The Xoloitzcuintli – in its Standard and Miniature forms - was common in ancient Aztec settlements, where it was used as a companion, a watchdog and a source of warmth. Less pleasantly to most modern dog fanciers, but still important historically, Xolos also were a food source for people during ancient times. They have been described as “oven-ready, high protein food sources,” which made them especially valuable to tribal people. The Xoloitzcuintli was prized for its supposedly mystical and curative healing powers. Pressing the hot skin of a Xolo to a sore or wounded area of the human body was believed to draw out pain and sickness. These dogs are claimed to have helped relieve asthma, toothaches, headaches, sore muscles, rheumatism, insomnia and even malaria, among other ailments. Although these claims have not been proven scientifically, the mythical powers of Xolos continue to be believed by some alternative human healers even today.
In the Nahuatl tongue, “Xoloitzcuintli” means “dog of the god Xolotl.” Xolotl was the Aztec god of twins, of the Aztec court ball game and of things that were deformed. “Itzcuintli” is the Aztec word for “dog.” Xolos were commonly killed as a ritual sacrificial offering and buried with their owners, as they were thought to be sacred animals that would protect and guide their owners’ souls on their journey to the afterworld.
Many authorities have tried to establish some relationship between the Xoloitzcuintli and other hairless breeds in Asia, Africa and elsewhere, such as the Chinese Crested. However, there is no reliable evidence of any such connection. It is unlikely that hairless dogs accompanied early Asiatic settlers on the arduous, frigid trek to the Americas. It is much more likely that the hairless gene cropped up independently in distinct geographic areas at different points in time. The Xoloitzcuintli probably descends at least in part from the Colima Dog of western Mexico, which was present locally long before any European dogs arrived in the area. Archeological artifacts found in the tombs and other ruins of the Mayan, Aztec, Zapoteca and Colima civilizations are virtually identical in type to today’s Xoloitzcuintli. This is most likely an indigenous Mexican breed whose unique nakedness was caused by a spontaneous genetic mutation that happened many hundreds of years ago.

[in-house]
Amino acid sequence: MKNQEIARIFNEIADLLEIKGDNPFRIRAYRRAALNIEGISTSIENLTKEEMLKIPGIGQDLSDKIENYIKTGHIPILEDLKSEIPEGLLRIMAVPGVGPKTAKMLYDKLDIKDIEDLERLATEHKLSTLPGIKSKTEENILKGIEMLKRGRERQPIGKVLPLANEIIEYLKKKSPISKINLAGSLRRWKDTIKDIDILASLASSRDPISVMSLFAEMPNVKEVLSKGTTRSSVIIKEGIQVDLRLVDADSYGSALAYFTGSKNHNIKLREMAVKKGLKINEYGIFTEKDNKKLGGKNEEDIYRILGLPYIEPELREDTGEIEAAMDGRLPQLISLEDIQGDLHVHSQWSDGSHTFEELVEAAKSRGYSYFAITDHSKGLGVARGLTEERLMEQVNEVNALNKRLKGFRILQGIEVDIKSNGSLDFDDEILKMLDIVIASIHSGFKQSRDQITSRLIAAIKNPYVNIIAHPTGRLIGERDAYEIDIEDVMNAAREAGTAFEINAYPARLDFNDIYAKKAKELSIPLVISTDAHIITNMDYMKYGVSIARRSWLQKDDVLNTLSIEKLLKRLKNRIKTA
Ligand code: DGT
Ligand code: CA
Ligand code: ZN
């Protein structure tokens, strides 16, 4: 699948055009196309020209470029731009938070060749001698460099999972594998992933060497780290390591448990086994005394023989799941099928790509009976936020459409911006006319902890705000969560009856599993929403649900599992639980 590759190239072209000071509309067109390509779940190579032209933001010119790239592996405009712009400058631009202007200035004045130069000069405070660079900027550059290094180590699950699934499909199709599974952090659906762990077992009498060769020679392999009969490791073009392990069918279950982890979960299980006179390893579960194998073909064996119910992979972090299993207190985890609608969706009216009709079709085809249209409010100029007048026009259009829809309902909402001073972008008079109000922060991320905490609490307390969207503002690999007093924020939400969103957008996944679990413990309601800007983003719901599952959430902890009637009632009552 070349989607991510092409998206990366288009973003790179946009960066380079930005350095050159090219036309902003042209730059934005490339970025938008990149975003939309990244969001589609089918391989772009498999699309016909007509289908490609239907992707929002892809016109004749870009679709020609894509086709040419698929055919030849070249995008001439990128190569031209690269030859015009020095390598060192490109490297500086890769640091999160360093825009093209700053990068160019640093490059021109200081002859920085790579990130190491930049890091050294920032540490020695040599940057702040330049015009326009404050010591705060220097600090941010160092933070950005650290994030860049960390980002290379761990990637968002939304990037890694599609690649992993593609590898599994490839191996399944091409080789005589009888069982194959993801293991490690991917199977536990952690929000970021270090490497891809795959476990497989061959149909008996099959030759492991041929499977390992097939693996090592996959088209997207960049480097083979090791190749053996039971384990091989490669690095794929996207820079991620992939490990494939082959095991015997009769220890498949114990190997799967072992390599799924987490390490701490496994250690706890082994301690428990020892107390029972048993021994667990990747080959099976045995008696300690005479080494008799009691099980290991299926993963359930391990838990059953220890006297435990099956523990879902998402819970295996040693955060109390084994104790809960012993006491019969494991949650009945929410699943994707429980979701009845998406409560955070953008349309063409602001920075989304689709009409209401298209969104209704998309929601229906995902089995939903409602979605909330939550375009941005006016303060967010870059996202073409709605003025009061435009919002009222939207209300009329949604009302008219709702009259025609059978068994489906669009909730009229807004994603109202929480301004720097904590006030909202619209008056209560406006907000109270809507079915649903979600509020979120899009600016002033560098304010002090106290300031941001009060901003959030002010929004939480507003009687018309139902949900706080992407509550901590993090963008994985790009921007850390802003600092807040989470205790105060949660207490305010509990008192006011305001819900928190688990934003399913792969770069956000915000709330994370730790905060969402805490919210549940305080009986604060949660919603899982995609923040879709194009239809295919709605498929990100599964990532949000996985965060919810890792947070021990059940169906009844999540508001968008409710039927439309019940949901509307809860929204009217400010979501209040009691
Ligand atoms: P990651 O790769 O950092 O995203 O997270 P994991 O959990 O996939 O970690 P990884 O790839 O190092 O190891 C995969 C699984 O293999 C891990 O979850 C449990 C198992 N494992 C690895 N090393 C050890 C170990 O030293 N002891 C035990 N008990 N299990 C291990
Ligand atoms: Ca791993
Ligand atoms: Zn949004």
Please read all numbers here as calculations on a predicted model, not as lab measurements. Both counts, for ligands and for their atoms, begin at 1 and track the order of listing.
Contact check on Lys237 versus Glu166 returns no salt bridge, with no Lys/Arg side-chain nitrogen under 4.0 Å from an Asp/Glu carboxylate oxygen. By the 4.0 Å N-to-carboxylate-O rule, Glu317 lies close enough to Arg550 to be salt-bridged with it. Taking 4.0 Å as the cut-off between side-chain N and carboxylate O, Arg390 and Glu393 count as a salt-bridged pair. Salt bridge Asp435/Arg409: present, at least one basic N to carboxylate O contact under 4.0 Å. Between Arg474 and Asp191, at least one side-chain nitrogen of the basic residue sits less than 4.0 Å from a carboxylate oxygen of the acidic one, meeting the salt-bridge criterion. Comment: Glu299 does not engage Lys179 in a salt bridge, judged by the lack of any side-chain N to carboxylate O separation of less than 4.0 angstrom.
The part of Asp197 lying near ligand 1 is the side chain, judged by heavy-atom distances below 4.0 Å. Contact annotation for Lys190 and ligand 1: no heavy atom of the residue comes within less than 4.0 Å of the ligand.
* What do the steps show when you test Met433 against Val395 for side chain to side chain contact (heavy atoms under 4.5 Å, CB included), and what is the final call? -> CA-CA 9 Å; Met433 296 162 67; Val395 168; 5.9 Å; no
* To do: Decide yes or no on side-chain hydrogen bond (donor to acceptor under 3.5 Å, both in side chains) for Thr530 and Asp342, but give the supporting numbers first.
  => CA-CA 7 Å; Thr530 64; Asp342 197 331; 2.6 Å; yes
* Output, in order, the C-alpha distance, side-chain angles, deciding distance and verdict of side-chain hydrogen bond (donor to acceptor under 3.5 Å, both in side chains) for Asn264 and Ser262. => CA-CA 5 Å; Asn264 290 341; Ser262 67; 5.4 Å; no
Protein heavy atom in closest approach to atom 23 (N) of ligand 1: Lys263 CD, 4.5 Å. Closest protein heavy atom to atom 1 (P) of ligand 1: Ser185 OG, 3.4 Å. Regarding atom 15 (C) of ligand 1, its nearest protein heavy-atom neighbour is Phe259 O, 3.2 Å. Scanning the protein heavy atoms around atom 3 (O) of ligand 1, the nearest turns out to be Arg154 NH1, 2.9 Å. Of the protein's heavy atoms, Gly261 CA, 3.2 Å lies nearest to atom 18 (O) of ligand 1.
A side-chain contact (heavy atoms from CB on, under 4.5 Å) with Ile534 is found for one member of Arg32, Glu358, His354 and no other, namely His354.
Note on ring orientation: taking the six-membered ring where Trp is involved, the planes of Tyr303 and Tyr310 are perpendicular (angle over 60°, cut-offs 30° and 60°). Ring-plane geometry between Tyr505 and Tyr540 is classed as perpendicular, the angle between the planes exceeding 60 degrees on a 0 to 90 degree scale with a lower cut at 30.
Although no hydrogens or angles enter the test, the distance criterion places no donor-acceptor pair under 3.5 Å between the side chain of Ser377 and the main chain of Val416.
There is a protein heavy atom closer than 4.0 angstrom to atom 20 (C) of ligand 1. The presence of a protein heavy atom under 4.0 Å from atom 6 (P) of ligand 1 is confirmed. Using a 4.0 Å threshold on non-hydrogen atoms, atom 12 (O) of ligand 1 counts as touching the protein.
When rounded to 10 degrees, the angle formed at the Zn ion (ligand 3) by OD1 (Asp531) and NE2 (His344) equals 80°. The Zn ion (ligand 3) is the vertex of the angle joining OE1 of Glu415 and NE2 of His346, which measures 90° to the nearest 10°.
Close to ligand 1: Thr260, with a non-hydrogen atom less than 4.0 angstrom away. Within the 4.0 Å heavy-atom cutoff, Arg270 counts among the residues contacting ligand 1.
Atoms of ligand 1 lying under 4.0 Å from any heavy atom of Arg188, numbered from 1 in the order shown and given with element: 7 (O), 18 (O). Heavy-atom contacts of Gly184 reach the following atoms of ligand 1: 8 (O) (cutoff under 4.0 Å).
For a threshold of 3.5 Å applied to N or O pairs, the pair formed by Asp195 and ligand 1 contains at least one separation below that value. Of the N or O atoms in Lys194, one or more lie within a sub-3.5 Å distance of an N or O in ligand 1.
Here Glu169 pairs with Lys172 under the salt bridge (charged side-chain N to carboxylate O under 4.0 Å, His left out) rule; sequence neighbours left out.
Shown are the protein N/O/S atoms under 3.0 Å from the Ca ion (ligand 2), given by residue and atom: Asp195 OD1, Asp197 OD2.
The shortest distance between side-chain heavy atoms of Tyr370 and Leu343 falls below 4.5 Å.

As ancient civilizations became increasingly modernized over the centuries, the Xoloitzcuintli declined in popularity. It eventually reached the brink of extinction. Xolos reportedly were seen in the United States as far back as the early 1880s. However, they remained extremely rare for a very long time. The breed finally started to gain in popularity almost a century later. In the 1950s, several members of the Mexican all-breed Kennel Club started a selective, rigorous program to rescue, promote and protect the Standard and Miniature varieties. They also developed and standardized the smaller Toy form of the breed. Today, fanciers of this unusual breed prize it as a watch dog, guardian, companion, service dog, competitive show dog and avid participant in a variety of active dog sports, including agility. While its numbers are slowly increasing in Mexico, the United States and some parts of Europe, Xoloitzcuintlis still are very uncommon dogs.
The Xoloitzcuintli is a long-lived breed, with an average life span of 15 to 20 years. Because it lacks a normal haircoat, its exposed skin is quite susceptible to becoming sunburned. Xolos cannot tolerate extreme heat or cold. They should be protected from prolonged exposure to bright sunlight and should wear a sweater or coat when the temperature gets chilly. Newcomers to the breed sometimes think that Xolos should get frequent baths and be slathered with moisturizing lotion. However, this can cause acne and other infections in the pores and sensitive skin of this breed and should only be done occasionally. The Xoloitzcuintli has fewer teeth than most other dogs, especially in the molar (back) regions of its jaws. This abnormality in dentition is thought to be associated with the genetic mutation that causes hairlessness, although the specifics of this association are not understood.